There are factors that can determine the spam flagging of your entire domain or your IP address. The use of non-authenticated sender is one of them, meaning the lack of certain encoding attributes in the sender line of the email, which may conceal bulk mailing. Affiliate marketing programs may associate your brand with spammers, if such messages are sent to promote your product, so make sure you monitor your affiliate relations closely.

    Of course, mail bots can be wrong at times. It happened to me that legitimate system mails I get from sites I subscribe to arrive in the Spam folders because Gmail interprets them as falsely looking like “bounced message” responses, while they truly are this. However, it’s better to be cautious and avoid any possible reasons of being blacklisted.

  3. Dull subject lines

    Once you’ve got past spam filters, you still have one objective to attain: people’s interest. Email subject line is the hot spot that ensures your message gets opened – if it’s engaging enough.  How to compose it for best possible impact? Keep it simple and crisp. Use engaging words but don’t design it as a purposely attention bait. It’s best to underline the main topic people will find in the email body and suggest the benefits for the reader. Put an accent on what is hot and special in your email, without the actual words “hot” and “special”.

  4. Improper timing

    If your newsletter arrives on certain time zones during nighttime, it’s not the best situation but neither worst it can be. The true worst is when you deliver at the highest rush hours of the day, say from 12 to 15. You are not only risking to be overlooked, but also to annoy people by distracting them from their activities, which will probably result in them hitting the Spam button. Note that, according to some recent statistics, about 21% of email recipients report it as spam, even if they know it isn’t.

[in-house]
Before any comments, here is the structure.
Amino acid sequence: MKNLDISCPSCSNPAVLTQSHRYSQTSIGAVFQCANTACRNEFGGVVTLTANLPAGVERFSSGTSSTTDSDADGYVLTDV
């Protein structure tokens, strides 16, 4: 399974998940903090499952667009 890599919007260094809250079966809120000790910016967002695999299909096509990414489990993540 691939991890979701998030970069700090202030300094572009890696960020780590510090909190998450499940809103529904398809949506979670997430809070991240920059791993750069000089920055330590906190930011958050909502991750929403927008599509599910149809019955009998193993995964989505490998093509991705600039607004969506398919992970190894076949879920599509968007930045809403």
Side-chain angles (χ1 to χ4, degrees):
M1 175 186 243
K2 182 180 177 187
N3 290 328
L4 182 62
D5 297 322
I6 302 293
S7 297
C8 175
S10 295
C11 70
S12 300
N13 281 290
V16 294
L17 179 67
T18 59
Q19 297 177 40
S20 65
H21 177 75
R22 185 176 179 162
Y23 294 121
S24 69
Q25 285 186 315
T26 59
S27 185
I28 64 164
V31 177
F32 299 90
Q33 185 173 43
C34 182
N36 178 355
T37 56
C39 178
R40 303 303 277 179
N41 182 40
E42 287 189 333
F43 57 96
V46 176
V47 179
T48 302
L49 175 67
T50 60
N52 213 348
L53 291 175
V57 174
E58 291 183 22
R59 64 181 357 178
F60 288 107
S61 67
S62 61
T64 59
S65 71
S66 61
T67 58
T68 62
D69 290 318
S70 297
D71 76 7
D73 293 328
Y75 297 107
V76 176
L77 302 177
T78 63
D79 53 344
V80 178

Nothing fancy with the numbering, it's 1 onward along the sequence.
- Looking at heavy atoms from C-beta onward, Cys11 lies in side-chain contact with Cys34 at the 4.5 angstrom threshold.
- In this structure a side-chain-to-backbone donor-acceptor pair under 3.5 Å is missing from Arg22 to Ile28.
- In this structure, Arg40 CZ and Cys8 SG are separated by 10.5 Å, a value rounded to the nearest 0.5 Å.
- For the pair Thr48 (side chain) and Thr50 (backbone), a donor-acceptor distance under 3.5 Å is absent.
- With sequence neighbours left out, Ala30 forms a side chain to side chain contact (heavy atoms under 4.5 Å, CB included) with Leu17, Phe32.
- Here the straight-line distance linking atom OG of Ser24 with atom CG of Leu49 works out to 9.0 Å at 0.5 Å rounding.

5. Not checking the validity of your lists at least yearly

    People are changing their email address frequently, so if you fail to renew your lists you’ll be shouting in the void. It seems like 17% of Americans create a new email address every 6 months and 30% of subscribers change their email address annually – according to the conclusions of a Marketing Profs panel. You should send confirmation messages to users in order to make sure they are still there. Also, unsubscribe those addresses who bounce multiple emails you send. This way you will be sure to have better statistics of your email deliverability.

    One last thought: your goal should be not just to reach people’s inboxes, but to obtain their attention and involvement with the messages you deliver. If you failed to do so, then even if you send bulk mail only to addresses that are on the CAN SPAM lists, you’re still sending spam – soft spam, I may add, one that doesn’t violate people’s space but is still of no interest. You will hardly get any attention, so the campaign is of no effectiveness. Therefore, focus on obtaining initial user permission to send mails, which makes their first commitment that they are interested in what you deliver. Go on and nurture their engagement on the way.

Good luck!